—Ms. Snyder is the author of “The Philosophical Breakfast Club.”
A version of this article appeared September 7, 2013, on page C6 in the U.S. edition of The Wall Street Journal, with the headline: Franklin’s Bright Spark.
I recently sat for an interview (via Skype) with George Aranda of Science Book a Day, which featured The Philosophical Breakfast Club today. We chatted about PBC, my next book, how scientists can best communicate science to the general public, and what it was like to give a TED talk. You can view the interview on the Science Book a Day website (well worth checking out, by the way!) here or directly below.
The Philosophical Breakfast Club, and my recent TED Talk, were featured in Newsweek‘s piece “Around the World in Six Ideas,” written by Christopher Dickey:
Before There Were Scientists
The word “scientist” was not coined until 1833. Before that, scientific disciplines were the domain of mostly wealthy men and women who called themselves “natural philosophers.” They might have had curiosity cabinets full of fossils, concoctions, and pickled bits of anatomy, but laboratories were few and far between. Then, oddly, the eccentric, opium-imbibing poet Samuel Taylor Coleridge challenged this use of the metaphysical-sounding word “philosopher.” The response, as in “artist” or “cellist,” was “scientist.” Laura Snyder tells this story in her fascinating book The Philosophical Breakfast Club about the way four geniuses at Cambridge University revolutionized modern science to create the many disciplines that exist under that rubric today. But there’s a downside, too, she said in a recent TED talk. Her 19th-century heroes would have been “deeply dismayed” by the way science has been “walled off” from the rest of today’s culture. She finds it “shocking” that only 28 percent of American adults can say (correctly) whether humans and dinosaurs inhabited Earth at the same time or how much of the planet is covered in water. The majority, it seems, either don’t know, don’t care, or think those are, well, metaphysical questions.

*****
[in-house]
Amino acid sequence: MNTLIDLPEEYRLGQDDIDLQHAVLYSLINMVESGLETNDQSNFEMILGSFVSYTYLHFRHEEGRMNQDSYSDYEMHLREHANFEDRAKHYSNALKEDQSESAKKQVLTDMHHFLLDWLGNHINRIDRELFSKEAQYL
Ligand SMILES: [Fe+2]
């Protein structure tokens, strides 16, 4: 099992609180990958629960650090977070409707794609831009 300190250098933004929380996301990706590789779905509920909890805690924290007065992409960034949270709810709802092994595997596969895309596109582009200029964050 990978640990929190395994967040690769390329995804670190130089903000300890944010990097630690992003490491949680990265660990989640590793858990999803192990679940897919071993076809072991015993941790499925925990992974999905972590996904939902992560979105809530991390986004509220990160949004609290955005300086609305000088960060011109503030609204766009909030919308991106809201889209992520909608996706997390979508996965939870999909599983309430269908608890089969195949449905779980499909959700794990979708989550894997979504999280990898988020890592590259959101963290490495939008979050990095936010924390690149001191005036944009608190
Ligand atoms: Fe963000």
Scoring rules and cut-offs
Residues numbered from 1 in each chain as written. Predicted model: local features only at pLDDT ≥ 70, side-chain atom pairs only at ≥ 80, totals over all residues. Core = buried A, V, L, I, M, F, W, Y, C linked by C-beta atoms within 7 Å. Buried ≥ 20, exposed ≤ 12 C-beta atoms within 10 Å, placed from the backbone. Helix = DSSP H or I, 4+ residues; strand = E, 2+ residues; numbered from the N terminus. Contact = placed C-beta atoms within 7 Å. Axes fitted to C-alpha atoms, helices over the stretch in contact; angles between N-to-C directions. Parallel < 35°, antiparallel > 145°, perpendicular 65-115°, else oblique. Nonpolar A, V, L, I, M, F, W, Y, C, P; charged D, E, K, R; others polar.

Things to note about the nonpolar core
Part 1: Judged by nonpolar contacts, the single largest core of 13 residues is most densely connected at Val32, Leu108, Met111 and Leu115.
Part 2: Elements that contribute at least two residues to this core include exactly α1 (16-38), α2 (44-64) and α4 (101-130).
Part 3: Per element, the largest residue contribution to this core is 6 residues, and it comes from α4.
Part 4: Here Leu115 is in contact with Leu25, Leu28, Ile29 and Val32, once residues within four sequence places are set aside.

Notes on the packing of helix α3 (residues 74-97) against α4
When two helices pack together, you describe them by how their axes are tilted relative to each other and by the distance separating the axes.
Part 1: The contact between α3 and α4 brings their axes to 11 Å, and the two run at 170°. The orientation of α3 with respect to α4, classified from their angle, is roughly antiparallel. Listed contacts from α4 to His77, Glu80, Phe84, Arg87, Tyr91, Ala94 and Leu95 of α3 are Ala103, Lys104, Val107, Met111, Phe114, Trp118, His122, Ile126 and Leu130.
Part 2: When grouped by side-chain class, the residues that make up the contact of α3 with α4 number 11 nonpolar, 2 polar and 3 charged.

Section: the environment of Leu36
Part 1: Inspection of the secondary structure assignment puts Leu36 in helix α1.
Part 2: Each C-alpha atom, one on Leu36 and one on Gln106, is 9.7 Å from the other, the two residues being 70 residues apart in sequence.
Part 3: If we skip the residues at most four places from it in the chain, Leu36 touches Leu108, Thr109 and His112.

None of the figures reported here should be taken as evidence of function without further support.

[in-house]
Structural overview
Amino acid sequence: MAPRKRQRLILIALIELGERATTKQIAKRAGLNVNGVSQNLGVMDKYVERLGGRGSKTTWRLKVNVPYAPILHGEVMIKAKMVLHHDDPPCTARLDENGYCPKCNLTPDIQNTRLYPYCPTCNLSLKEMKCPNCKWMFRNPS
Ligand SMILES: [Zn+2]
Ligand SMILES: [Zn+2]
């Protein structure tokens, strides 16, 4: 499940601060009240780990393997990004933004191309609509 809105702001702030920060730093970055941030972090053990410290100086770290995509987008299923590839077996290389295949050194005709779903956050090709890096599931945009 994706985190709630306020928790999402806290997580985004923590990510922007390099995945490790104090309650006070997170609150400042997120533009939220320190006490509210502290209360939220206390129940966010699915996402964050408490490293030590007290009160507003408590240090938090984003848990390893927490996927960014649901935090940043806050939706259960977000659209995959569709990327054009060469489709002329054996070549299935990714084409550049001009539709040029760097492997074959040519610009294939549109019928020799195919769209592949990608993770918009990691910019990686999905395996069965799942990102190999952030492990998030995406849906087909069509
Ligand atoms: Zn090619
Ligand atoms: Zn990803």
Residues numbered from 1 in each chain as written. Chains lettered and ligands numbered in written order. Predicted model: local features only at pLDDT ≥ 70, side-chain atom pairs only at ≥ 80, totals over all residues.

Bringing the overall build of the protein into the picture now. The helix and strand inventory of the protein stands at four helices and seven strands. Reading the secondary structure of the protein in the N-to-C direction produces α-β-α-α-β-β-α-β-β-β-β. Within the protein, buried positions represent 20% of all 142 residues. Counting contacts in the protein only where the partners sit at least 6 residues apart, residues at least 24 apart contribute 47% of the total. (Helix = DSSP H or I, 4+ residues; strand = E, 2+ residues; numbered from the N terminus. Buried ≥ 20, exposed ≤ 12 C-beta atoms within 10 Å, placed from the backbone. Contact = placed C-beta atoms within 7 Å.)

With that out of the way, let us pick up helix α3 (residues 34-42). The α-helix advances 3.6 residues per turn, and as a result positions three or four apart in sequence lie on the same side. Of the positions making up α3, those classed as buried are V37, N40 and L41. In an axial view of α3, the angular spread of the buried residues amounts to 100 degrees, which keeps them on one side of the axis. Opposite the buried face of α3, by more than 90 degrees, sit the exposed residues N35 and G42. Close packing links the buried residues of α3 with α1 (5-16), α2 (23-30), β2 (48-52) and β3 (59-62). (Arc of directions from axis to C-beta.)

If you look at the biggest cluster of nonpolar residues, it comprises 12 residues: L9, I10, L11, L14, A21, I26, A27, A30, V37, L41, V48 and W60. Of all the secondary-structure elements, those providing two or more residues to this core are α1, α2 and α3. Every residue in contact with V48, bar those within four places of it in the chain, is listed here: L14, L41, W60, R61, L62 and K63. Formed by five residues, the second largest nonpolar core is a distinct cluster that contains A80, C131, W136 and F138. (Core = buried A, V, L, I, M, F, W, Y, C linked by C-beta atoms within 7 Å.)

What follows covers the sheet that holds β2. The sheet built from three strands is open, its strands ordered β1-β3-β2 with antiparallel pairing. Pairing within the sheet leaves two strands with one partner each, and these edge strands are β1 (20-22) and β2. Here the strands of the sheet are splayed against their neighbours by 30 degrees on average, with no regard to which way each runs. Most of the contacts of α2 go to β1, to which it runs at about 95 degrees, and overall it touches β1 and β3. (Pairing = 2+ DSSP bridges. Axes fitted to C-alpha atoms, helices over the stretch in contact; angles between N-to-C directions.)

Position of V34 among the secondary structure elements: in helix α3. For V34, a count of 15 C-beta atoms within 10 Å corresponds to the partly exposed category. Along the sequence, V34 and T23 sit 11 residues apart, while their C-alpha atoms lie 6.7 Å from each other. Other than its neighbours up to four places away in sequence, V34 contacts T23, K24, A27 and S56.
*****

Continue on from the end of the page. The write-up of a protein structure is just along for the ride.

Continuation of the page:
From yesterday’s TED blog, a fun piece on seven groups of writers/artists/philosophers who transformed their world–and ours.
Here’s the TED Talk on the Philosophical Breakfast Club I gave at TED Global 2012. Share!
A nice piece on consilience is just out in Philosophy Now magazine. Written by Toni Vogel Carey, the article highlights the different views of consilience held by Whewell/Herschel on the one hand and E.O. Wilson/Stephen Jay Gould on the other. Definitely worth a look by anyone interested in scientific confirmation.
My review of David Berlinski’s The King of Infinite Space: Euclid and His Elements will be in this weekend’s edition of The Wall Street Journal. Just in time for the Oscars, there’s even a movie tie-in:
“One of the more curious historical revelations of Steven Spielberg’s “Lincoln” is that America’s 16th president was obsessed by a Greek mathematician from the fourth century B.C. While traveling from town to town as a young lawyer riding the Eighth Circuit in Illinois, Abraham Lincoln kept a copy of Euclid’s geometrical treatise, “The Elements,” in his saddlebag; his law partner Billy Herndon related that at night Lincoln would lie on the floor reading it by lamplight. Lincoln said he was moved to study Euclid by his desire to understand what a “demonstration” was, and how it differed from any other kind of argument.”
The entire review can be read here.
Happy 2013, everyone!
To start off the new year, here’s my latest for the Wall Street Journal: a review of three books that locate the origins of modern scientific practice where we may least expect it—in monks’s cells, magicians’s workshops, and alchemists’s hidden laboratories. Read the review here and in tomorrow’s print edition.
The books are: John Freely’s Before Galileo, John Glassie’s A Man of Misconceptions, and Lawrence Principe’s The Secrets of Alchemy.